“A Girl Cut in Two”
IFC Releasing
At the Michigan Theater

Courtesy of IFC

0.5 out of 5 Stars

Mass media often stereotype obscure foreign films as impenetrable, sub-pornographic Showtime fodder that only teenage boys watch when Spice Network is blacked-out. Remember the dirty foreign flick about incestuous cousins that George Michael fawned over in TV’s “Arrested Development”? Well, “A Girl Cut in Two” is the woeful actualization of that kind of material. Except it’s not funny in the least. It’s a miserable film that portrays a ridiculous, contrived dilemma as if it were a universal experience.

It’s the kind of preposterous, cold and ugly film that only the most masochistic and scornful people will enjoy. It’s a film for sadists; it’s relentlessly life-sucking.

Gabrielle Snow (Ludivine Sagnier, “Swimming Pool”) is an attractive, young and intelligent French weatherwoman. She’s tired of being referred to as a child and not being taken seriously. There’s something funny beneath her restrained demeanor, but it’s impossible to pinpoint just what makes her tick in this completely superficial film.

Gabrielle attempts to stimulate herself by predatorily courting the mature, sadistic author Mr. Charles Saint-Denis (François Berléand, “Transporter 2”). He’s worldly and passionate and perfect for Gabrielle. And he’s a stuffy bastard.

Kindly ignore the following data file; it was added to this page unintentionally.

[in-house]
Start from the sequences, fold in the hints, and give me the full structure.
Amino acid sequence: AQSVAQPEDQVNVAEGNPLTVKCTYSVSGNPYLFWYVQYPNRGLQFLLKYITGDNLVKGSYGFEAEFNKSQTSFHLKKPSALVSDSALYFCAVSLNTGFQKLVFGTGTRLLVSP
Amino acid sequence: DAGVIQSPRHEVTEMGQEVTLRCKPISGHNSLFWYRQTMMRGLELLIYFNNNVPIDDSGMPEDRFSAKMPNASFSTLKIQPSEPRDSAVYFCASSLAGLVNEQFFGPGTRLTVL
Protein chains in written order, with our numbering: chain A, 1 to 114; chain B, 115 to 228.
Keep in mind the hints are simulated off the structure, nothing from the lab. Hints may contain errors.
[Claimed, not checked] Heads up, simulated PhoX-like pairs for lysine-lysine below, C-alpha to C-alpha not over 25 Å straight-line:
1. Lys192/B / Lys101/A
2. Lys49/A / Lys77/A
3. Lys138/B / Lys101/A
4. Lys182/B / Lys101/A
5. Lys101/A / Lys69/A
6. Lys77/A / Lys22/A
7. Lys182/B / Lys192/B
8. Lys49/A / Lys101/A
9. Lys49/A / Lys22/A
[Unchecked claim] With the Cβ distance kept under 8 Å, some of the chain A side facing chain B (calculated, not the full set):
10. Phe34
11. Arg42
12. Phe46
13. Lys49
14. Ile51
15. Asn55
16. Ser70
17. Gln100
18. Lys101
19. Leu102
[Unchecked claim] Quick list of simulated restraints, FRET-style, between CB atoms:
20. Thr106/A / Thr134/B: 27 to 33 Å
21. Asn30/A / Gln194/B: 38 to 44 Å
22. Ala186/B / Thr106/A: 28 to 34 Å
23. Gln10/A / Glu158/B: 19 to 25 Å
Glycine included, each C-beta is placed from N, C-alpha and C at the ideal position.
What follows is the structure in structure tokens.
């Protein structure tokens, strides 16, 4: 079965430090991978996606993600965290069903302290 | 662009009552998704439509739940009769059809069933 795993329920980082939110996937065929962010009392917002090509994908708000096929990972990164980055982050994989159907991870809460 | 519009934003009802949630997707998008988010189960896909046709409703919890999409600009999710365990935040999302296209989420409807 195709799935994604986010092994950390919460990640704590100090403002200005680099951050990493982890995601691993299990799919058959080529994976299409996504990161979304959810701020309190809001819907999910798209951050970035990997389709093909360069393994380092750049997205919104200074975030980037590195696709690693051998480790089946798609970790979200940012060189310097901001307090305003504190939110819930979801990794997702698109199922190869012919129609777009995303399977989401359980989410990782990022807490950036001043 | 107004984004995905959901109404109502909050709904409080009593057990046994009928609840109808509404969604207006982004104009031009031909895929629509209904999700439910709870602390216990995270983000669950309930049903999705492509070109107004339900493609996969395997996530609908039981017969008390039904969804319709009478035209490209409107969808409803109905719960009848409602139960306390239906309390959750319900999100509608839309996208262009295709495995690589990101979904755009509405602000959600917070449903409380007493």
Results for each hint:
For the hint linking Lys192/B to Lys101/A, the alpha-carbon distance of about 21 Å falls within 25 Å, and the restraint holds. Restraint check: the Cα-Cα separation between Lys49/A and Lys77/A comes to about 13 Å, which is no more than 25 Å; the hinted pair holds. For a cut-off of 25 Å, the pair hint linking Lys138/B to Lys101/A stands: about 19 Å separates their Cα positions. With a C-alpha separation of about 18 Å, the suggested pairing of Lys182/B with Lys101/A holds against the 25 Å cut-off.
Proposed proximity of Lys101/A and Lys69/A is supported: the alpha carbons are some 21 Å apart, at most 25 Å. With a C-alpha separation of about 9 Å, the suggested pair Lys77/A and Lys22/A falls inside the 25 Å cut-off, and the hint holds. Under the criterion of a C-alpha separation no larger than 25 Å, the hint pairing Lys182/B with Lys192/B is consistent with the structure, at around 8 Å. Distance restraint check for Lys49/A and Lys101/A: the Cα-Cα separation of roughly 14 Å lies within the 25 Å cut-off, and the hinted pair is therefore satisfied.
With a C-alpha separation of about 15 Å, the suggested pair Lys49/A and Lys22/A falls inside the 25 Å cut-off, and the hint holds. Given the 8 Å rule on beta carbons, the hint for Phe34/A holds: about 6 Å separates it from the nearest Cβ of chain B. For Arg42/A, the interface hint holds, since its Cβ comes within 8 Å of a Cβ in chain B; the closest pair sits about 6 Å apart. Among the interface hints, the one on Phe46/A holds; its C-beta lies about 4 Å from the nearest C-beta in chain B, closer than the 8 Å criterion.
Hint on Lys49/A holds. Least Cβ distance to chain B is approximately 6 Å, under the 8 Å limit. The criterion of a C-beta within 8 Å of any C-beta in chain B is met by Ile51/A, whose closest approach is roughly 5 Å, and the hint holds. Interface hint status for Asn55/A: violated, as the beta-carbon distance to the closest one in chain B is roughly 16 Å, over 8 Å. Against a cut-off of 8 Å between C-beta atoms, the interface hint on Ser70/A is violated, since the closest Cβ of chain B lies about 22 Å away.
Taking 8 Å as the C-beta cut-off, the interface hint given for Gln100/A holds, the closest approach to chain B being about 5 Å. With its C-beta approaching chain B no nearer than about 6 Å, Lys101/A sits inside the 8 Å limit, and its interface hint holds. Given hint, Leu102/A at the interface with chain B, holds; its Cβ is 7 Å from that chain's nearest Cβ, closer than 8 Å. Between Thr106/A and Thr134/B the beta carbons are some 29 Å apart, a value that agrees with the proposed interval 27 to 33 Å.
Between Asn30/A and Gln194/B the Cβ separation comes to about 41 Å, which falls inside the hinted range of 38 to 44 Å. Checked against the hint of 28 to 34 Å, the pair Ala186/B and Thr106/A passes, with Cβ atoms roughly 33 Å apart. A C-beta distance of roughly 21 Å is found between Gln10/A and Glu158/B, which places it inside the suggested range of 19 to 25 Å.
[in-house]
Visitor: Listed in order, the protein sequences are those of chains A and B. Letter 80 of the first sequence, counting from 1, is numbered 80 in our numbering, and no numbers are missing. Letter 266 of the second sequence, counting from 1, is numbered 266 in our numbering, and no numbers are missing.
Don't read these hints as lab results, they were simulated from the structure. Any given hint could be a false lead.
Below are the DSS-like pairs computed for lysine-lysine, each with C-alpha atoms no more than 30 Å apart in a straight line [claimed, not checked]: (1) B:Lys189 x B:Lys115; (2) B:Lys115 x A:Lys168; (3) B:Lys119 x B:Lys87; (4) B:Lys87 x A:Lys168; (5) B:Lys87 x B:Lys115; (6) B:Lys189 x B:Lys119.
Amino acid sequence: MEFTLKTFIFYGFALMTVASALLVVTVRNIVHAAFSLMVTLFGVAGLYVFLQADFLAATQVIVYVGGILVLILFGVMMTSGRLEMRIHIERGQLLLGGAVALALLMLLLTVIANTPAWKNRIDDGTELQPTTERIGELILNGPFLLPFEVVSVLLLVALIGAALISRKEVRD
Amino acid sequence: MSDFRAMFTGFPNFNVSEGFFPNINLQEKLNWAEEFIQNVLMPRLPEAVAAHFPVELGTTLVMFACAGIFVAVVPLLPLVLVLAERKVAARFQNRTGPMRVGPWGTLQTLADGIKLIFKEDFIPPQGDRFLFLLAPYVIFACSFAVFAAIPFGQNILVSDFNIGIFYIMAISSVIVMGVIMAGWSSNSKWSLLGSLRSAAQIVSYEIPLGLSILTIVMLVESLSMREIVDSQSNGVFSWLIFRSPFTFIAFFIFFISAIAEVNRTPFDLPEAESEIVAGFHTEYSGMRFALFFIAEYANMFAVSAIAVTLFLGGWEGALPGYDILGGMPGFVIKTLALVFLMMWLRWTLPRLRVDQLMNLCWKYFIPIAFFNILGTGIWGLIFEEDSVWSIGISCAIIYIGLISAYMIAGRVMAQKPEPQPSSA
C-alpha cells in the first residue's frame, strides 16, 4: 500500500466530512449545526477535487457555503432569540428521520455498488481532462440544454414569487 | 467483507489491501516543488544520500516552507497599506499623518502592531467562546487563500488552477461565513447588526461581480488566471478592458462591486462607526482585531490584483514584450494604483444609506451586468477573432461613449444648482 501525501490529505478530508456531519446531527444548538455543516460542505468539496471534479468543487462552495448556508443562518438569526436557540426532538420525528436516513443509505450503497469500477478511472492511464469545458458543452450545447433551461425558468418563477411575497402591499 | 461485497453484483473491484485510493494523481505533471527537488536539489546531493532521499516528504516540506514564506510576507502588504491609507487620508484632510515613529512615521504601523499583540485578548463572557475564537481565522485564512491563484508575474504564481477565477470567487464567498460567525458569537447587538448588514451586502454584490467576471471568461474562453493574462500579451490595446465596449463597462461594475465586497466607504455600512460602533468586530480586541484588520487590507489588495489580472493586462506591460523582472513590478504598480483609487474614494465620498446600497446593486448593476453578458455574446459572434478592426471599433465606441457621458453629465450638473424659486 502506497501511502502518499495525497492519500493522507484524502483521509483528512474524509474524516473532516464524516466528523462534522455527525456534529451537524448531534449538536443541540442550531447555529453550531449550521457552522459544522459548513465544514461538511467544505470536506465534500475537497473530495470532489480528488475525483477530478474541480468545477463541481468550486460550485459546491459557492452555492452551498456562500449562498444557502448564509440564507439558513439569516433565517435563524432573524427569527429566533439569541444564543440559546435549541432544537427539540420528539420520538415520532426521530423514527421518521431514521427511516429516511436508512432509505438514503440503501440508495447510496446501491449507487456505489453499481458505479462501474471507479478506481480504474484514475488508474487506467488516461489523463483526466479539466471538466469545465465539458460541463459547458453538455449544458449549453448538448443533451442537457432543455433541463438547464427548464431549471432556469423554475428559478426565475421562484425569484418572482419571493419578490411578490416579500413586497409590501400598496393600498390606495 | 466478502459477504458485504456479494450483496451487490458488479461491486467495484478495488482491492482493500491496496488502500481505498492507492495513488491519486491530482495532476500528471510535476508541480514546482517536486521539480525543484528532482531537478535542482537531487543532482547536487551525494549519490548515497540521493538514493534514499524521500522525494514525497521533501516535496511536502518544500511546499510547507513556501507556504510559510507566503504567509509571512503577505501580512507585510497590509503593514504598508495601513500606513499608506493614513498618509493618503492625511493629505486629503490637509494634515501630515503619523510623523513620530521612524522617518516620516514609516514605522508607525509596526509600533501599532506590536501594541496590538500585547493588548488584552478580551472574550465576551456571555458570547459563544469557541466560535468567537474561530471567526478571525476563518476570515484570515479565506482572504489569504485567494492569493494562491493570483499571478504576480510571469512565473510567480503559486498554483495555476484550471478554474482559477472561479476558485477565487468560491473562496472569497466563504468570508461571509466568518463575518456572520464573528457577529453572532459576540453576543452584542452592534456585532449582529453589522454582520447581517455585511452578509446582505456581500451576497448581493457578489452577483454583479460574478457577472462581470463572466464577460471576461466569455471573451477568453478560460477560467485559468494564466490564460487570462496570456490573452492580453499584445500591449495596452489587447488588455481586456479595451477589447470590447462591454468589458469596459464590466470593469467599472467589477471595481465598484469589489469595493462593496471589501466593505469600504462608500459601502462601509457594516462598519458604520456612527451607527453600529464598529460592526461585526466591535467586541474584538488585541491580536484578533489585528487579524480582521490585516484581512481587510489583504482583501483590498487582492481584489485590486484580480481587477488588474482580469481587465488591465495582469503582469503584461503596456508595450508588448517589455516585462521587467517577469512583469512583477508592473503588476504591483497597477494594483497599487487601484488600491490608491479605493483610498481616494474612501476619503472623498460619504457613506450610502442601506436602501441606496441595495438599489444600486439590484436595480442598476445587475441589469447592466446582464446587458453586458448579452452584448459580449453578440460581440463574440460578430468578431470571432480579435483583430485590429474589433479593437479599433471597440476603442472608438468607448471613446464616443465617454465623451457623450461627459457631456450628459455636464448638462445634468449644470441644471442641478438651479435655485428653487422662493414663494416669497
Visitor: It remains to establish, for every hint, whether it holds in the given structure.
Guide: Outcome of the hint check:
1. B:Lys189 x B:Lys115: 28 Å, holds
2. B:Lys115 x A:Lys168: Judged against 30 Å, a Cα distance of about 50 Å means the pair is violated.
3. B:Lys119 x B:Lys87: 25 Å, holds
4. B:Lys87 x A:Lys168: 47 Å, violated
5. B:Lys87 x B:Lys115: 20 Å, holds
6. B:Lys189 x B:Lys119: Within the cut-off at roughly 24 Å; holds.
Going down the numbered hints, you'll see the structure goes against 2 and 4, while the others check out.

But while Gabrielle tries to woo the literary pervert statesmen, a talentless, childish heir desperately tries to win her affection. That aspiring suitor is Mr. Paul André Claude Gaudens (Benoît Magimel). He bites his fingers, wears garish outfits and is envious of Gabrielle’s fawning for Saint-Denis.

Awkward sexual proclivities, like hinted sadomasochism, define Gabrielle and Charles’s relationship. To pique Gabrielle, Charles dresses her in costumes and berates her for her various failings. And he forces her to sleep with other men in his presence.

Paul isn’t better behaved. Nervous that she might be thinking of Charles, Paul aims a gun at Gabrielle as she gives him a blow job.

“Girl” is meant to be an ironic dramedy about a poor young woman’s struggle to find happiness. But it’s merely another love triangle piece, burdened with three truly self-centered people. Characters may seem to have deep, revealing attributes that are aimed at adult emotions. But in the end, they provide only restrained shock value and bitterness.

Not only are the characters bad people, but they’re in a poor film. “Girl” is handled in an emotionless and tactless manner, and though it intends to be suave, subtle and engaging, it achieves none of its goals. It’s the cinematic equivalent of an inescapable mausoleum.

Like a bad parody of pretentious foreign films, “Girl” finally gives mercy when it flames out in a big, pompous, worthless metaphorical conclusion.

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